In precision magnetometry knowing the surroundings magnetically is of paramount importance. Ideally, one would like to have a map of the magnetic field in the laboratory. This project is a rig to do exactly that.

There is a 2.5m high movable tower with ten vector magnetic field sensors - fluxgates, read out continuously. There is also a fixed, L-shaped part with three 15m long string potentiometers mounted. The strings are connected to the tower. The length of the strings is also measured continuously and trilateration is used to determine the location and orientation of the tower.

It is enough to sweep a room with the tower to collect a vector map of the magnetic field, with a reproducibility down to 0.2μT (in the magnetic field of the Earth ≈50μT).

DAQ is based on a PXI crate, written in LabVIEW. Data analysis in Python.

It is part of my work in the Precision Physics at Low Energy group at ETH. I am grateful to the students who helped to pioneer this as part of their semester projects.

Distributed remote magnetometers

SenseHAT is an add-on to the ubiquitous RasperryPi single-board computer. SenseHAT features a number of sensors, among them an Inertial Measurement Unit (IMU), part of which is a magnetometer. Measurements sensitive to magnetic disturbance can benefit from a perimeter of magnetometers set around them in a way, that an external disturbance can be distinguished from an internal one.

One patch cable is used for data transfer (TCP), timing synchronisation (PTP) and power supply (PoE).

The modules are programmed in Python.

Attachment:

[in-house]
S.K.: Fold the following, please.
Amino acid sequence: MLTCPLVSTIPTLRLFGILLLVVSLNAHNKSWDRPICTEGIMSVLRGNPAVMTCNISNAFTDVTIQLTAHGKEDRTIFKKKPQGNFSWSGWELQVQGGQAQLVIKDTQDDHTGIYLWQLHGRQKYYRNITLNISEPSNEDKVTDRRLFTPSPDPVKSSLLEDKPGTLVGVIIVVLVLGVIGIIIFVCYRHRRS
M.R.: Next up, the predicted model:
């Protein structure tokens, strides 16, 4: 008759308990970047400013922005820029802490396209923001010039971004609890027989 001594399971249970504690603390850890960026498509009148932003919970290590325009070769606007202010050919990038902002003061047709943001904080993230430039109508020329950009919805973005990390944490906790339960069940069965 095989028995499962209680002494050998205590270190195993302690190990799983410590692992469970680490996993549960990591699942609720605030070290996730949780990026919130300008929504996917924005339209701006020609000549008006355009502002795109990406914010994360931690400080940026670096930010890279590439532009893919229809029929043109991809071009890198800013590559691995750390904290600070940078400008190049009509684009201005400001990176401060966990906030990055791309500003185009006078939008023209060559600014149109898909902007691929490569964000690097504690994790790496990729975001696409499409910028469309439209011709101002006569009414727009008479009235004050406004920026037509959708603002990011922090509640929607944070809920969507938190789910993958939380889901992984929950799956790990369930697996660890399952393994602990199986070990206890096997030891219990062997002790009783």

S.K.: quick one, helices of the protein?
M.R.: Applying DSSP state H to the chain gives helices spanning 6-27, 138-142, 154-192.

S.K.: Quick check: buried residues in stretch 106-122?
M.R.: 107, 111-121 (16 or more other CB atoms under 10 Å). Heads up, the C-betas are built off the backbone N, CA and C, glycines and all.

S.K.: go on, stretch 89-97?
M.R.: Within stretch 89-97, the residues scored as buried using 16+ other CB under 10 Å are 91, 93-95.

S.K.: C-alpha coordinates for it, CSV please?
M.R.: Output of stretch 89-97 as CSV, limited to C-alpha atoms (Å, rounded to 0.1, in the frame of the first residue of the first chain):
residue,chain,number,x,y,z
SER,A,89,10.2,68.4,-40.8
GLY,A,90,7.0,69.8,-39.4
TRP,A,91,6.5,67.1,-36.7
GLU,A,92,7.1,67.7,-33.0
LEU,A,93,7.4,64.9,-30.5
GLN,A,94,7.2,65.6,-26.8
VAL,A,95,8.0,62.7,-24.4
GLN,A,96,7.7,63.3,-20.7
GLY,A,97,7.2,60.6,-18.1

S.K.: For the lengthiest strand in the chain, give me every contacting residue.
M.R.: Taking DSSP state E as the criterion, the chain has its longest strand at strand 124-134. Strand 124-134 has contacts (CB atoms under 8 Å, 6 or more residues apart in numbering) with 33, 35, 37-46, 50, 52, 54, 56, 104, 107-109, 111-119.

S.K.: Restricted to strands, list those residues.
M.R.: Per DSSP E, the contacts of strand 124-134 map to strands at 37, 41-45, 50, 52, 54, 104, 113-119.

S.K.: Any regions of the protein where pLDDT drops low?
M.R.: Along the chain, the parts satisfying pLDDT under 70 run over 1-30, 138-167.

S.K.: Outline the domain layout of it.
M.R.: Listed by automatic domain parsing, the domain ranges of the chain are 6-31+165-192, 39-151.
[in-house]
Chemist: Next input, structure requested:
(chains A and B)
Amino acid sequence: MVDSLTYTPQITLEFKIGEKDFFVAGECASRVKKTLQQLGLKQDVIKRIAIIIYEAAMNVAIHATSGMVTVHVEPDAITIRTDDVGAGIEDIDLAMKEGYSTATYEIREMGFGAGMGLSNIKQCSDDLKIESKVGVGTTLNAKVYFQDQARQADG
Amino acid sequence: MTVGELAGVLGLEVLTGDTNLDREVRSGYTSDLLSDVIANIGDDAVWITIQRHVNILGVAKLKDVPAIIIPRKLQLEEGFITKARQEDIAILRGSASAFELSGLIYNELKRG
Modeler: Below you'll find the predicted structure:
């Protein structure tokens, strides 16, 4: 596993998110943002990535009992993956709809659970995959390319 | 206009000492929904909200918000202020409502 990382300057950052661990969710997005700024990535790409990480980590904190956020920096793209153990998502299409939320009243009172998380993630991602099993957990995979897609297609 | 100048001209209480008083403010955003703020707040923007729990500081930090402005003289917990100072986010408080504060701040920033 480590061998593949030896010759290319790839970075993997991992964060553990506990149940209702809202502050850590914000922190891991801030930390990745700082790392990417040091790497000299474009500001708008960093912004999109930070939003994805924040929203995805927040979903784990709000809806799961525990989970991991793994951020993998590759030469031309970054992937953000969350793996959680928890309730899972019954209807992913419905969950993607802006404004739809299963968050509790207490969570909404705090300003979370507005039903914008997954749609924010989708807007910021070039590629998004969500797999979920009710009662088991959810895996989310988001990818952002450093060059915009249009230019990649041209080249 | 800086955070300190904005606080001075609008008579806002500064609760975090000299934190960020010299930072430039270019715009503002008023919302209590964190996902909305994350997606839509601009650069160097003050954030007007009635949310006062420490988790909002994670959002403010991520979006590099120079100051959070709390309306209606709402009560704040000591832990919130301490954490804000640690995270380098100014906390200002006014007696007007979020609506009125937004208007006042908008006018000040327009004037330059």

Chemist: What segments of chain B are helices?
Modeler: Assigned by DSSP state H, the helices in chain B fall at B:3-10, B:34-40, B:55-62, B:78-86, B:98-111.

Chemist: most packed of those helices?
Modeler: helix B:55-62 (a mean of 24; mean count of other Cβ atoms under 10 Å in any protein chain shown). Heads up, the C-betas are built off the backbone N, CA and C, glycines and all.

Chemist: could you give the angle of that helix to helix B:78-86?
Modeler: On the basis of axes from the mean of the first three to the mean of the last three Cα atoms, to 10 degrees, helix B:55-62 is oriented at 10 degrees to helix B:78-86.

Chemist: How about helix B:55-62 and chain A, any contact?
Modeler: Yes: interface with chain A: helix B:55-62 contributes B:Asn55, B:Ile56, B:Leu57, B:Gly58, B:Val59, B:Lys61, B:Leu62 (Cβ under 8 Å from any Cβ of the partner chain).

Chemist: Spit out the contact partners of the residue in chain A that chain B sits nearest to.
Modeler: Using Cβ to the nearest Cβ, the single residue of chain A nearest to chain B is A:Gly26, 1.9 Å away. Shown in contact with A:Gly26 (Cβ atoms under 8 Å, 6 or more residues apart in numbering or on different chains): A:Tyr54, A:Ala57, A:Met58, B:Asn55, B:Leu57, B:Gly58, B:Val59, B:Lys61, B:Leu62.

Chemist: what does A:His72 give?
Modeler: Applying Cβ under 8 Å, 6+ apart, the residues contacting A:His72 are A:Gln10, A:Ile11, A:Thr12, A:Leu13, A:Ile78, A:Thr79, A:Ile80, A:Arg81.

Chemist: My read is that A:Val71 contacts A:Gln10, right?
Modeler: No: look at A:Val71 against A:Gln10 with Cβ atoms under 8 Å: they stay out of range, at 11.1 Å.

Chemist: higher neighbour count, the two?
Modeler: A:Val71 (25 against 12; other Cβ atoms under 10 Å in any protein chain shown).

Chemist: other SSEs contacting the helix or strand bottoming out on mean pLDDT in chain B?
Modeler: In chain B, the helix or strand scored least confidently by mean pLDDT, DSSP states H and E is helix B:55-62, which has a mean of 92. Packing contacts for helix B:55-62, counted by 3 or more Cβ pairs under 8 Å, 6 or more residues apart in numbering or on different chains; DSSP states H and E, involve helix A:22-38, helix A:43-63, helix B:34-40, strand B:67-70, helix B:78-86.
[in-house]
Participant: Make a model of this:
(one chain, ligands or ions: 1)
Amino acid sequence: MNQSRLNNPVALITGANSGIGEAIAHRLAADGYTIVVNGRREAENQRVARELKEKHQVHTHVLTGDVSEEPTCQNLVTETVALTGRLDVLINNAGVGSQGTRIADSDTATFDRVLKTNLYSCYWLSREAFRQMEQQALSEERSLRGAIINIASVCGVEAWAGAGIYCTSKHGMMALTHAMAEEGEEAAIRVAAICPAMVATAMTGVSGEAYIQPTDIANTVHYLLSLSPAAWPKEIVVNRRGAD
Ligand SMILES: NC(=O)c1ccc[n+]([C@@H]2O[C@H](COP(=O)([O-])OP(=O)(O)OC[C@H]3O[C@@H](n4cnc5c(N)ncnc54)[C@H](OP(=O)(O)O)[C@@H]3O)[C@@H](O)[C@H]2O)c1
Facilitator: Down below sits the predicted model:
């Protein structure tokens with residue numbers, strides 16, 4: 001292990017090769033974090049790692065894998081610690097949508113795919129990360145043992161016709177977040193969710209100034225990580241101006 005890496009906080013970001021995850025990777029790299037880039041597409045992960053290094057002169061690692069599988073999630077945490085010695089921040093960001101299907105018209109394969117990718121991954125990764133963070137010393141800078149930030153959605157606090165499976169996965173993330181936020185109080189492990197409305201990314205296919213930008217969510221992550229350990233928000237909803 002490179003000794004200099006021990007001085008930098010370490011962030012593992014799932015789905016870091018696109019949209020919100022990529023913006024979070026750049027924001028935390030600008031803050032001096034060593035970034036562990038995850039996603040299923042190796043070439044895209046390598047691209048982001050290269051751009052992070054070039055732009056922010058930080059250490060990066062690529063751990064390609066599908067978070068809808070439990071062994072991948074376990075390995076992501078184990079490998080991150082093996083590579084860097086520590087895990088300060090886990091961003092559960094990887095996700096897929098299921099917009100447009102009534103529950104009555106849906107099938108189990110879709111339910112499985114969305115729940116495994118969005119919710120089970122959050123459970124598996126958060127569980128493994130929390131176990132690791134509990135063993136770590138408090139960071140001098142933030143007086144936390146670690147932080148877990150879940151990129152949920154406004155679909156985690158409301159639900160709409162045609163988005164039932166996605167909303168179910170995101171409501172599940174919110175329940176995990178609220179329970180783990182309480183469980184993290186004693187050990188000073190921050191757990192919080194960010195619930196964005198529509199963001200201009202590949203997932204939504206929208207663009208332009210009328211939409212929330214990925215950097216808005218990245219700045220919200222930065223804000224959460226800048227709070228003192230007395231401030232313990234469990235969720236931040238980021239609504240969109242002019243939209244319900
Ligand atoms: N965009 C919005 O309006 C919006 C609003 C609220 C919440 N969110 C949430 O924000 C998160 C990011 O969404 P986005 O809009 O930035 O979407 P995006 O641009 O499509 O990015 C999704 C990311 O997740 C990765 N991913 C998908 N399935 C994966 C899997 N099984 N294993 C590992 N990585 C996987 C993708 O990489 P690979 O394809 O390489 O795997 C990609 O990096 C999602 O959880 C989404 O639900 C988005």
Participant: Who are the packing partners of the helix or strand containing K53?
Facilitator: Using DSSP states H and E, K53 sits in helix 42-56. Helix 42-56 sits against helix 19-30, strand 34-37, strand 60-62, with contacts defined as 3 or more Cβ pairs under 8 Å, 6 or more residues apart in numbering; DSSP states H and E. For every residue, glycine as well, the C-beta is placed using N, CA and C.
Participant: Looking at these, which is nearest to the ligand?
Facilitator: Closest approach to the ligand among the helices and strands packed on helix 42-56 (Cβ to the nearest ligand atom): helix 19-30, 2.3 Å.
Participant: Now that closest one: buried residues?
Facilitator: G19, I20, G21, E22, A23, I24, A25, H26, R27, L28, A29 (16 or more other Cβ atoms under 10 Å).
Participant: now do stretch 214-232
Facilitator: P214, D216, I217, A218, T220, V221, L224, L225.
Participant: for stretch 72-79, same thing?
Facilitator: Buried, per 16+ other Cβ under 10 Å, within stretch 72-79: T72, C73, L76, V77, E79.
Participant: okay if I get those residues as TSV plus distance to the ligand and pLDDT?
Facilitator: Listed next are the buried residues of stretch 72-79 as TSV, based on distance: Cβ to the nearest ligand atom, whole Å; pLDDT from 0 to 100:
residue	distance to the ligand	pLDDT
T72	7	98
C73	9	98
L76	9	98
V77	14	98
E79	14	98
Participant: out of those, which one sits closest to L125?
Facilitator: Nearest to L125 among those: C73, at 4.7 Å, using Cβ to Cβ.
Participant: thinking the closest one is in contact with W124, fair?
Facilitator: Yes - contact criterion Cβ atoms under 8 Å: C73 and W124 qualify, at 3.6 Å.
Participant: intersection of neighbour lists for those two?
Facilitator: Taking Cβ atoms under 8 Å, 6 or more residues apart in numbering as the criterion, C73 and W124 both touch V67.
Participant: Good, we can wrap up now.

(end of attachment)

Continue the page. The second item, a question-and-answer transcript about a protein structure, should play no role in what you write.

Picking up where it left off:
It is part of my work in the Precision Physics at Low Energy group at ETH. I am grateful to the students who did large part of the work as part of their semester projects.

PXI μTimer

The neutron electric dipole moment experiment at PSI, Switzerland works in automatically executed cycles. Cycles are initiated with a hardware trigger, signalising that a pulse of ultracold neutrons is about to come. The apparatus needs then to rearrange itself so that the incoming neutrons are directed straight into the measurement chamber. Then the measurment procedure is performed, manipulating the spins of the neutrons. Finally, the pneumatically operated shutter opens, allowing the neutrons to drop into the detector.

The timing accuracy needs to be on the microsecond level. The solution is to synchronise the systems with a NI PXI-6683 card. PXI is an extension of a PCI bus, adding advanced timing and synchronisation, dedicated for measurements and instrumentation.

The project was to program, in LabVIEW, the PXI controller. The programmed controller supports fully flexible scheduling, which can be programmed via a SCPI interface over TCP/IP.